Block of the Week: Leaves

Don't like this block? It'll grow on you

Not to toot our own horn, but the forests of Minecraft are among the most beautiful in all of videogames (suck it, Oxenfurt forest!) Calm, still, dark, and full of building materials - with only the occasional zombie crawling out of a cave to disrupt the tranquillity. If I could only take one Minecraft biome with me to a desert island, it would be forest (making it a forest island, I suppose), providing me with a steady supply of our Block of Week - leaves!

Leaves were one of Minecraft's earliest additions, arriving alongside logs, ores and sand way back in 2009 in version 0.0.14a_01. They've changed a lot over time, first being tweaked to drop saplings, then to decay when deprived of their trunk, then to drop apples, then even to have water drip through them when it's raining!

You might have noticed that there are actually lots of different kinds of leaf in Minecraft - six in total. There are broad oak leaves, thinner spruce leaves, light birch, leafy acacia and dark oak, and finally chunky jungle leaves. You might also have noticed that leaf colour changes a little depending on what biome you're in - a little trick that helps give each biome its own personality.

Natural leaves (not ones you've placed yourself) have a chance of decaying every tick as long as they're more than four blocks away from a block of wood. You can harvest them with either shears or a tool enchanted with Silk Touch - otherwise, you'll just break them. About every 20th leaf block that breaks will drop a sapling of the same type, while jungle leaves only drop saplings every 40th block. About every 200th block of oak or dark oak leaves will drop an apple. Tasty! Totally worth having to destroy 200 blocks for! Wait. No it isn't. What a con!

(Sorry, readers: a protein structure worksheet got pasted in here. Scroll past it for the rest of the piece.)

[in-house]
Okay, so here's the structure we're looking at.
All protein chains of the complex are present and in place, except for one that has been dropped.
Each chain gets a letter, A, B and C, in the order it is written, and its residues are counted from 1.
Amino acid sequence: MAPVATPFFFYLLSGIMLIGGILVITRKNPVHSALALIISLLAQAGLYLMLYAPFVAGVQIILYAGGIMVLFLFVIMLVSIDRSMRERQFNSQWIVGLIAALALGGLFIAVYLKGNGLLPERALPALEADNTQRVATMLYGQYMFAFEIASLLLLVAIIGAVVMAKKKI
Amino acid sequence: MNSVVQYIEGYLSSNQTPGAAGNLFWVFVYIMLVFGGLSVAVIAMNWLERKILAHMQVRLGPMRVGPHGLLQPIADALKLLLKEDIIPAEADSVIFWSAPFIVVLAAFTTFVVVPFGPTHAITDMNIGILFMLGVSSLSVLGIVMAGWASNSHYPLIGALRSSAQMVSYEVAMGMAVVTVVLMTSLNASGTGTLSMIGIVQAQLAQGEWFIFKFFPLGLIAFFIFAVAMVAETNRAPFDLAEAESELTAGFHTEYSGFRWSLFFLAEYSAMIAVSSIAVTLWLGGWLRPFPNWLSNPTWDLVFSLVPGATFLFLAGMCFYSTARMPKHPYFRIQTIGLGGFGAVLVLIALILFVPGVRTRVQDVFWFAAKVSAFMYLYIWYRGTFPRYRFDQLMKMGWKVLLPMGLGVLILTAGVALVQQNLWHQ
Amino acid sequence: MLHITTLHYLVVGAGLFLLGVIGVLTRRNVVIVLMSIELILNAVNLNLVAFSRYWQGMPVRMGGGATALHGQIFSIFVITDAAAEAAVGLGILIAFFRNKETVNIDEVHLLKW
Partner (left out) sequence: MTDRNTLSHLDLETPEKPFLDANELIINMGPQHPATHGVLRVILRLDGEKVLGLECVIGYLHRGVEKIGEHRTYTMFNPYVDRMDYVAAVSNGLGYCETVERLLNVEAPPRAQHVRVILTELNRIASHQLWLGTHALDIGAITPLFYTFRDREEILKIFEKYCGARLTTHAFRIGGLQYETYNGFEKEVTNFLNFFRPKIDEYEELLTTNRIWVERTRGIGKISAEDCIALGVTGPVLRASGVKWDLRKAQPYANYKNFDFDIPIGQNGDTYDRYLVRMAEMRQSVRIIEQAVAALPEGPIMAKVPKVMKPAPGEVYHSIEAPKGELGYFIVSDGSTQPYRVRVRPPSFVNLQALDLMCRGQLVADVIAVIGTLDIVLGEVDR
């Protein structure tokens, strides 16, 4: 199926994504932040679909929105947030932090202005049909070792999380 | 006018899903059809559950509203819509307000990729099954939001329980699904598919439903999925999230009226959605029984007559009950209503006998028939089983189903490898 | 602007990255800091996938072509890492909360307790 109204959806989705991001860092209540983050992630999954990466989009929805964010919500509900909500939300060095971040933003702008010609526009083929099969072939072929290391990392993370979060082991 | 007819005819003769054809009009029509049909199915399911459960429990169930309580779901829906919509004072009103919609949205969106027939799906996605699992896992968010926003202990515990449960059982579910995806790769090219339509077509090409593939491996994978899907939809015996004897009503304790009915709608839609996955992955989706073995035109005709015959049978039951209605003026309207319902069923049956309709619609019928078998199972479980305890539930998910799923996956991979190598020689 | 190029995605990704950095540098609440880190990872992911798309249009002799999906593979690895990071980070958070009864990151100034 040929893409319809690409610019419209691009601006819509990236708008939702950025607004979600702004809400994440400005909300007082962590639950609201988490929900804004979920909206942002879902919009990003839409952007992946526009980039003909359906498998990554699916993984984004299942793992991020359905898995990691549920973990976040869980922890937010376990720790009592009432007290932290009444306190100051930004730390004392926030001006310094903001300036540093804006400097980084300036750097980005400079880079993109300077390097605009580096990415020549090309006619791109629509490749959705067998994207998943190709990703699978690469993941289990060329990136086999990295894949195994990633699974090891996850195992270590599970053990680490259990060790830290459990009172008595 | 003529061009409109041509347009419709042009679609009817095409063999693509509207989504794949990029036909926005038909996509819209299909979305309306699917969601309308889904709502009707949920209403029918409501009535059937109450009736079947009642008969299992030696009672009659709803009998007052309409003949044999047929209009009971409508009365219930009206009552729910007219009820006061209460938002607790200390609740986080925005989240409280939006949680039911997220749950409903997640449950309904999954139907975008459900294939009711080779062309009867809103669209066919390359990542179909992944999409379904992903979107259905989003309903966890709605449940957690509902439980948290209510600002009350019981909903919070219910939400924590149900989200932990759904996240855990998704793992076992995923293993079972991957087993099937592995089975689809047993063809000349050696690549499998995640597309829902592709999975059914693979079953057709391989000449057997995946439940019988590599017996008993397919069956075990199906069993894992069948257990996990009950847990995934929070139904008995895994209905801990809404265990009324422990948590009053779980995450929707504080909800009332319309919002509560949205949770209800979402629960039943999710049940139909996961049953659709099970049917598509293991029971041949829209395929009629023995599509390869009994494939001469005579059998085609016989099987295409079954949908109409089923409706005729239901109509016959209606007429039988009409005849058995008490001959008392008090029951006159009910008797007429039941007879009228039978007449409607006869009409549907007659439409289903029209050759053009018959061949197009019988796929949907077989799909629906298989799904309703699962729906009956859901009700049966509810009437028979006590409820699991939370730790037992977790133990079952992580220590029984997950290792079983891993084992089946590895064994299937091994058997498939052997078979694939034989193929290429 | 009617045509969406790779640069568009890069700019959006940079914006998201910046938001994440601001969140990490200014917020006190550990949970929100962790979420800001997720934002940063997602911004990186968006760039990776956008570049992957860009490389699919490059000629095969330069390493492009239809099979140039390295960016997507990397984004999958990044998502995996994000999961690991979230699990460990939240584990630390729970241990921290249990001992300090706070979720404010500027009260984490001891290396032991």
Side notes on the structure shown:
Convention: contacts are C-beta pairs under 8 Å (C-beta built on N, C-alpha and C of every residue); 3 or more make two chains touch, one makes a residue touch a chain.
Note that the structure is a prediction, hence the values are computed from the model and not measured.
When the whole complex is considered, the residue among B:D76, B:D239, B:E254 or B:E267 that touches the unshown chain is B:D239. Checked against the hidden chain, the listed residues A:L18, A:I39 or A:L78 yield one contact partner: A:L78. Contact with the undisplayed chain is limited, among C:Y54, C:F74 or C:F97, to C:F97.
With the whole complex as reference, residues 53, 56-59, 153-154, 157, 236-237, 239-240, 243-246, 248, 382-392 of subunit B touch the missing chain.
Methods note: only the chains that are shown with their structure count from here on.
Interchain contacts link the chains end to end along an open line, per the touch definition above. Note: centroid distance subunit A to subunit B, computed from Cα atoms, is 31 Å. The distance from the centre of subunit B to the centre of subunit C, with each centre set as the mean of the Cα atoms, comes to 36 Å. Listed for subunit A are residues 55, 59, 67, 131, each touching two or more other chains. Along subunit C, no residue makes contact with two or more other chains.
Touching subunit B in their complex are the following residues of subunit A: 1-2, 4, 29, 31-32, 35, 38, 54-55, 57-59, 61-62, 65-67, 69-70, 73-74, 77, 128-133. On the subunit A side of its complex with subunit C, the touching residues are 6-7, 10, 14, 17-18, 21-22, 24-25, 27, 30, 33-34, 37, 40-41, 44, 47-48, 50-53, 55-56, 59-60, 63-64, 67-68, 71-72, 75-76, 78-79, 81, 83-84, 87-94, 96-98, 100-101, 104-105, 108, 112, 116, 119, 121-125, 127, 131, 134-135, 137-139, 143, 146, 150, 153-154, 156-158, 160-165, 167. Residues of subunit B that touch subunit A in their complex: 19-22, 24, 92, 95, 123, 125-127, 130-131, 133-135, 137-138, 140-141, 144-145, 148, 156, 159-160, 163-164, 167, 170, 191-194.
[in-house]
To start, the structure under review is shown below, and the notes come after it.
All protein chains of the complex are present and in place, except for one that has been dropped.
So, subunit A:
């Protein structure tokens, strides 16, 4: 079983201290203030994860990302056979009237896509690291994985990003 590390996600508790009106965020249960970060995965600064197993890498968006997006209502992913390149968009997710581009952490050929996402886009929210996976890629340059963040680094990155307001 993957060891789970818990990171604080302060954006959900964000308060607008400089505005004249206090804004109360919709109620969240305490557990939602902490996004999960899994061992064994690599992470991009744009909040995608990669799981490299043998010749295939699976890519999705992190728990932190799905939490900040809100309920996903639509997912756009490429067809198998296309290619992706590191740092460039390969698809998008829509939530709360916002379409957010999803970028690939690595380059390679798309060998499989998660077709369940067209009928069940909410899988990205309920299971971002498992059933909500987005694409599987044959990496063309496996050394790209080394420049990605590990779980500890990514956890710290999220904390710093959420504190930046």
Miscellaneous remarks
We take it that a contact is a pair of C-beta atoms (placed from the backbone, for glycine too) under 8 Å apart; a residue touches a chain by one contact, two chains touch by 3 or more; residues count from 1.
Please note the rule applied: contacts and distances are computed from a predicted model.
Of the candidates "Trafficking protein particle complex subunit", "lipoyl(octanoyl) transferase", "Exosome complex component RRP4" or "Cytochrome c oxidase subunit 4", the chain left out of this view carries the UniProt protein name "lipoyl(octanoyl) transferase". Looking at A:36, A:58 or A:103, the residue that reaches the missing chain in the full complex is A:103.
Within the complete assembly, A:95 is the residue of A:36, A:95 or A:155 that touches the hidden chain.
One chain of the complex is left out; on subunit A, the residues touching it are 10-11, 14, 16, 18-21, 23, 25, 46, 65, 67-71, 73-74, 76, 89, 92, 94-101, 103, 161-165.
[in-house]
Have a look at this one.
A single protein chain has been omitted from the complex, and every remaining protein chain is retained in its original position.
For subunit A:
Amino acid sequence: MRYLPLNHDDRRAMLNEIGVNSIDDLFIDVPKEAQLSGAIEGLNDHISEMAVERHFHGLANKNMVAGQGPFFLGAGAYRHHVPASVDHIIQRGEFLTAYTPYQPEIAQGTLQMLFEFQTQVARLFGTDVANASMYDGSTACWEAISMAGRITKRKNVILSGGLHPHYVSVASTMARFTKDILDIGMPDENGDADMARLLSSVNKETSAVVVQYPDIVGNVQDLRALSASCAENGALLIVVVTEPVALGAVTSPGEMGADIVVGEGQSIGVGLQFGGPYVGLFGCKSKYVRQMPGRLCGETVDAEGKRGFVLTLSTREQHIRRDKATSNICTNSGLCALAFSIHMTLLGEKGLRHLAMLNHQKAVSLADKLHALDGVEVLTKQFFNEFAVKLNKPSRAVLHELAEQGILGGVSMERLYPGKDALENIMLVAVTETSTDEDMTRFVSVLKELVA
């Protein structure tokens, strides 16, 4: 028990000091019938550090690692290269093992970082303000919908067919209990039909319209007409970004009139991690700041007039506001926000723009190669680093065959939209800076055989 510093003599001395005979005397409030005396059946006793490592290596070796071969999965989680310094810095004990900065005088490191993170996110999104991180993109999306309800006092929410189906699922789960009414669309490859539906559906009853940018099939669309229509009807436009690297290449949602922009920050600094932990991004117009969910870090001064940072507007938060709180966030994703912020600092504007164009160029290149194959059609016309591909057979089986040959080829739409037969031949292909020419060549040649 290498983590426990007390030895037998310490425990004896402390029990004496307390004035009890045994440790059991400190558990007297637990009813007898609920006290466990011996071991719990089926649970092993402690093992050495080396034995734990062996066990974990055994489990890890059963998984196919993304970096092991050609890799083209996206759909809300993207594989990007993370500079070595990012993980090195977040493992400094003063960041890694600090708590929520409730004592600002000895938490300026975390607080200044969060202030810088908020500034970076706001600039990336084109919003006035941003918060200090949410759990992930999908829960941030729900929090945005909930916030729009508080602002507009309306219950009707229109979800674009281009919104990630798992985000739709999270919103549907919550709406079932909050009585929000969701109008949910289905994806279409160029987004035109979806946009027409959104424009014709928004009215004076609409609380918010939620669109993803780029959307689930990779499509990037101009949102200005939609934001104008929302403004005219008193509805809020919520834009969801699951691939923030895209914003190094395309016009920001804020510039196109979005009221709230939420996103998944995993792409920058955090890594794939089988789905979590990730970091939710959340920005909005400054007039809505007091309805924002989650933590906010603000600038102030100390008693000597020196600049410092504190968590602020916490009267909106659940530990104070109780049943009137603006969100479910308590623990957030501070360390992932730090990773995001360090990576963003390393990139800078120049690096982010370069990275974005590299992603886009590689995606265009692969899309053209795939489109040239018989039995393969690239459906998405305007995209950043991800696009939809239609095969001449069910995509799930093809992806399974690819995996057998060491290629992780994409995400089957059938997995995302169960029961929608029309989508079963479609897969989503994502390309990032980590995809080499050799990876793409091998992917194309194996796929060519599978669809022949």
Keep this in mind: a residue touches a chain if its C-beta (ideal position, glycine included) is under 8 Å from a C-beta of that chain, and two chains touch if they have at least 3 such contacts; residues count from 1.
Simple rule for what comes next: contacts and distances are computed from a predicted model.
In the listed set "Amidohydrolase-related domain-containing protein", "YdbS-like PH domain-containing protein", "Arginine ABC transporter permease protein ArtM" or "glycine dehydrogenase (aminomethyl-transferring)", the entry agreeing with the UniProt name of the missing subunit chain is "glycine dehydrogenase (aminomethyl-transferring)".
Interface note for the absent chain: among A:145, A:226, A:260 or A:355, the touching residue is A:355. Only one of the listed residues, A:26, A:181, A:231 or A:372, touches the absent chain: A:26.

Leaves are pretty incredible things. They let trees and plants breathe and absorb sunlight - sucking in polluting carbon dioxide and turning them into oxygen. Some trees keep their leaves all year round - they're known as evergreen - while others drop them in a colourful display in the autumn and regrow them in the spring.

The reason that some leaves change colour in the autumn is because they're getting ready for winter. In the spring and summer, a tree makes food for itself using sunlight and a chemical called chlorophyll. Chlorophyll is green, which is why leaves are green. In the autumn, though, the days get shorter and so the chlorophyll isn't so useful any more and it disappears. As it does, they reveal their true colours - yellow, red and orange - and eventually drop to the ground.

So next time you're strolling through a park in the autumn, you're seeing what the trees really look like, underneath their chlorophyll clothes. Don't blush! The trees are turning red enough already...